Designing an Employee Motivation Program

Designing an employee motivation program requires some creativity and an understanding of the people who work for you. Each employee will find different types of rewards worthwhile, so the challenge lies in coming up with flexible and cost-effective methods of keeping everyone engaged in their work. The optimal program will become a workplace culture, not just a list of rewards for expected behaviors.

Start with Your Goals
The best starting point is to define what your specific goals are and how success will be measured. These need to be outlined at the corporate, department and individual levels. Meet with your management team to make sure the list is complete and to target specific problem areas. You must be very specific; each component of your employee motivation program must be aligned with all of your goals.

Talk to Your Team
An employee motivation program will be most successful if your employees participate in its development. Employees know best what will motivate them to achieve your desired changes in behavior. Ask each person to provide a list of at least five things that would motivate her to achieve the goals you've outlined. Give them some ideas to start with that don't involve pay raises, such as lunch with the CEO, car washes or an ice cream social. This will help reinforce that pay raises and bonuses are not going to be the only rewards available. Let them know that all ideas are welcome, even the funny ones.

You also need to know what barriers they feel are preventing them from successfully achieving each of your goals. If you can help to remove these obstacles, you'll improve motivation without rewards, letting you focus your rewards program on other areas.

Once you have the individual lists, compile and distribute them. Then hold a brainstorming session with your team to expand on those lists and invite new ideas. Quite often employees from another department will have great ideas for other areas of the business.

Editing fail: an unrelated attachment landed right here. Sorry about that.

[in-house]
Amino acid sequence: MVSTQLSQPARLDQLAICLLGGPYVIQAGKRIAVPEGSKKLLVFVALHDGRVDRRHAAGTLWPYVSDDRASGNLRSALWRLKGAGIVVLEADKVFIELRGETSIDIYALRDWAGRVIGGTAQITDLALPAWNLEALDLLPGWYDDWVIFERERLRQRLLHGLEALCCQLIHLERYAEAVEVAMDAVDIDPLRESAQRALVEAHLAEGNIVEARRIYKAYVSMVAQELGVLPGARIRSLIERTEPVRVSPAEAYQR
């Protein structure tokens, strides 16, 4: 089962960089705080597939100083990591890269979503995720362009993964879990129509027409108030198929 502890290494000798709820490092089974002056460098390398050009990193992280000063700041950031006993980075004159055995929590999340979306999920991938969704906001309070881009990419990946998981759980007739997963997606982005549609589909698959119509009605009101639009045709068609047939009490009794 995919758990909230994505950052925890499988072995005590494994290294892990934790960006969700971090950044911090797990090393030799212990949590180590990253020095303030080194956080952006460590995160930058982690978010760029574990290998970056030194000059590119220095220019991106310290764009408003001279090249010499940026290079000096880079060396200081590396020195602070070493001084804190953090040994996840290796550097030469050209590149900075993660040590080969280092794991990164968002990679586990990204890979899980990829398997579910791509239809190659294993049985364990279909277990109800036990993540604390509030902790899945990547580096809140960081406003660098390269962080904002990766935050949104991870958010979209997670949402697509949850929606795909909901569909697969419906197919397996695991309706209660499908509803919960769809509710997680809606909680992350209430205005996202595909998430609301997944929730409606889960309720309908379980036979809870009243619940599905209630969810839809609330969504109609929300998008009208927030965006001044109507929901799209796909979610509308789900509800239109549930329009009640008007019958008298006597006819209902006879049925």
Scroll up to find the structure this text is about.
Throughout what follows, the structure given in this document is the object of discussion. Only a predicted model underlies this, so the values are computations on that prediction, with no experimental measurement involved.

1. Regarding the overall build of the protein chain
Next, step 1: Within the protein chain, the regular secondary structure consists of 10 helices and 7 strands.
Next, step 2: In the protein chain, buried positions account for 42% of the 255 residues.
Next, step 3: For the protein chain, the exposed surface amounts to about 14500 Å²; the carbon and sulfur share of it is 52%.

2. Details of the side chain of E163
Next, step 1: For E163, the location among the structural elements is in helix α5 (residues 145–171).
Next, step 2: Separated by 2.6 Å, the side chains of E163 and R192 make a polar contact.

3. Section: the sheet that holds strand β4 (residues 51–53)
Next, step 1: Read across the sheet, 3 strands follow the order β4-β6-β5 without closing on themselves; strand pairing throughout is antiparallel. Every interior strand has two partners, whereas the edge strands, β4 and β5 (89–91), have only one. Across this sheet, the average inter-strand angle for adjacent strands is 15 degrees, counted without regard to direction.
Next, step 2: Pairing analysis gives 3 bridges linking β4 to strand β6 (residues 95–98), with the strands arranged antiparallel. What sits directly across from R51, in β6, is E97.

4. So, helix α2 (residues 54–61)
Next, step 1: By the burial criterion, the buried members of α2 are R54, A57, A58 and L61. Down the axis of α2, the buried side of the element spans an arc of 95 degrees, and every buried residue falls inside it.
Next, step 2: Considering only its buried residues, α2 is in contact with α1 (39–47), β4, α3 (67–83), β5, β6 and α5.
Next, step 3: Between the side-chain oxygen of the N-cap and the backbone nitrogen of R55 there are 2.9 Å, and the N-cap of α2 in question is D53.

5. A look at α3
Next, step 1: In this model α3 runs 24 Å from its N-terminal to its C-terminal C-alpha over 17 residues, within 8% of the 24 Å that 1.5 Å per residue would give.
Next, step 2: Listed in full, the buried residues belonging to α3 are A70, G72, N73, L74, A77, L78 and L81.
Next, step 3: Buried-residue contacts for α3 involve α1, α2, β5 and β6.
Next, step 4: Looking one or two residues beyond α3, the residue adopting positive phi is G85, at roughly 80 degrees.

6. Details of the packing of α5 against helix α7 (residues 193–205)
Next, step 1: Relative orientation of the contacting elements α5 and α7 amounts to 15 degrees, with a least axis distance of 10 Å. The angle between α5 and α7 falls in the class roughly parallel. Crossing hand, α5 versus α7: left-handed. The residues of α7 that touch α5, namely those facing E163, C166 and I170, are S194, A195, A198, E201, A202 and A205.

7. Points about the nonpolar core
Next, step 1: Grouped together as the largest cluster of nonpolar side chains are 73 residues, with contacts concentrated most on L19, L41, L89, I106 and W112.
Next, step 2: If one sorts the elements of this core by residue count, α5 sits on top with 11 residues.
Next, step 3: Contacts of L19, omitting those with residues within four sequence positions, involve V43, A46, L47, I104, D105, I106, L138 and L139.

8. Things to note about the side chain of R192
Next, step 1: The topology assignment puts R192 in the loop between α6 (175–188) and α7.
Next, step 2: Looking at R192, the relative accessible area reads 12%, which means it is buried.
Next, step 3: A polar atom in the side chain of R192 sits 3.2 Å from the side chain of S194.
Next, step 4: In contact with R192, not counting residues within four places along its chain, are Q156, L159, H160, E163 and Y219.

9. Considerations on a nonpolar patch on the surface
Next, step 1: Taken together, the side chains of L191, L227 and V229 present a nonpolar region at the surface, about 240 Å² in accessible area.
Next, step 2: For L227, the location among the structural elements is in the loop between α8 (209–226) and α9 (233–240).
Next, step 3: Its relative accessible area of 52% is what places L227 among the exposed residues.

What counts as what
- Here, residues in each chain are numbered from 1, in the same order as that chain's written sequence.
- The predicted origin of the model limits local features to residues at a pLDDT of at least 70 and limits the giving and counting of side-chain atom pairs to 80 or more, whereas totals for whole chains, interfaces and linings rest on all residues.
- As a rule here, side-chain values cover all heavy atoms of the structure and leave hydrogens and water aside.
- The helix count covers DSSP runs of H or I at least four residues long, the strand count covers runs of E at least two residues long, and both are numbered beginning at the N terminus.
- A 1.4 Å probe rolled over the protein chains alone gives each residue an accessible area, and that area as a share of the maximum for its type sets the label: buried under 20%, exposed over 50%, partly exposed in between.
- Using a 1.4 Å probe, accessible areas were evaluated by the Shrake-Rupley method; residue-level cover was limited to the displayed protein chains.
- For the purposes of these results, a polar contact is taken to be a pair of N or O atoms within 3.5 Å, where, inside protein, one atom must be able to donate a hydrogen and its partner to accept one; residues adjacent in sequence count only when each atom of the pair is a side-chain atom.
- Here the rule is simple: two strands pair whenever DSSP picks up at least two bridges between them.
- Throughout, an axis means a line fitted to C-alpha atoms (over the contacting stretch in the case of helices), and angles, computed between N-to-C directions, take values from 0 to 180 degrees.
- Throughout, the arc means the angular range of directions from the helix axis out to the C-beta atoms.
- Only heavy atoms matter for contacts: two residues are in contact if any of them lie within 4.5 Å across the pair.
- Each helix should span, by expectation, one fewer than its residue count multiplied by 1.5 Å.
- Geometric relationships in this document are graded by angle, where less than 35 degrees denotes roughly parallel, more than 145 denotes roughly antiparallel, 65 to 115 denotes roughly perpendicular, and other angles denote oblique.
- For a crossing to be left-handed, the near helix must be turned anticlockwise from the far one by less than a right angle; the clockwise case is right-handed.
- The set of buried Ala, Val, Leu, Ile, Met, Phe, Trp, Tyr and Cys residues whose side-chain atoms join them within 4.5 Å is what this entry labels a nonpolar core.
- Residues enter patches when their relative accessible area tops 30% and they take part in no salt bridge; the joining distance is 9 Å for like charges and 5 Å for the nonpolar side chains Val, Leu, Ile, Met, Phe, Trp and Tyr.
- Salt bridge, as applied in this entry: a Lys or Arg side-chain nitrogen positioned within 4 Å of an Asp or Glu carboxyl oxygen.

Make sure your employee motivation program includes everyone. It is easy to design incentives for sales personnel, but you need everyone to buy into the program and take ownership, including accounting and the receptionist.

Don't forget the rules of brainstorming. Every idea is valuable and gets included on the list of ideas. Even the most outlandish idea can lead to the perfect solution. There should be no discussion during the brainstorming about what it will cost, who will have to make it happen or how it can be done. Those steps come later in the process and will prevent creative thinking and open expression during brainstorming.

Putting the Plan Together
Once you have gathered everyone's input, you can design your employee motivation rewards program. Make sure that it's fair for everyone and aligned with corporate goals. Aim for employee motivation recognition that is presented frequently and reflects recent successes. Include timelines for measuring success, ways to evaluate effectiveness and a method for revisions to keep everyone excited. You may use some employee ideas from the brainstorming session and save others for later.

Every individual in the company holds the power to contribute to the success or failure of your company. Your employee motivation strategy must communicate that belief to everyone and promote the value of each individual. Make sure that employees know that the plan will evolve as business needs change, so that it keeps pace with new challenges.

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You may not hit upon one employee motivation strategy that works across your company, so you need to be willing to combine employee motivation strategies in order to maximize employee motivation.

Motivation in the workplace is valuable in terms of both revenue and production. You can improve employee motivation quickly and easily by following these five steps.

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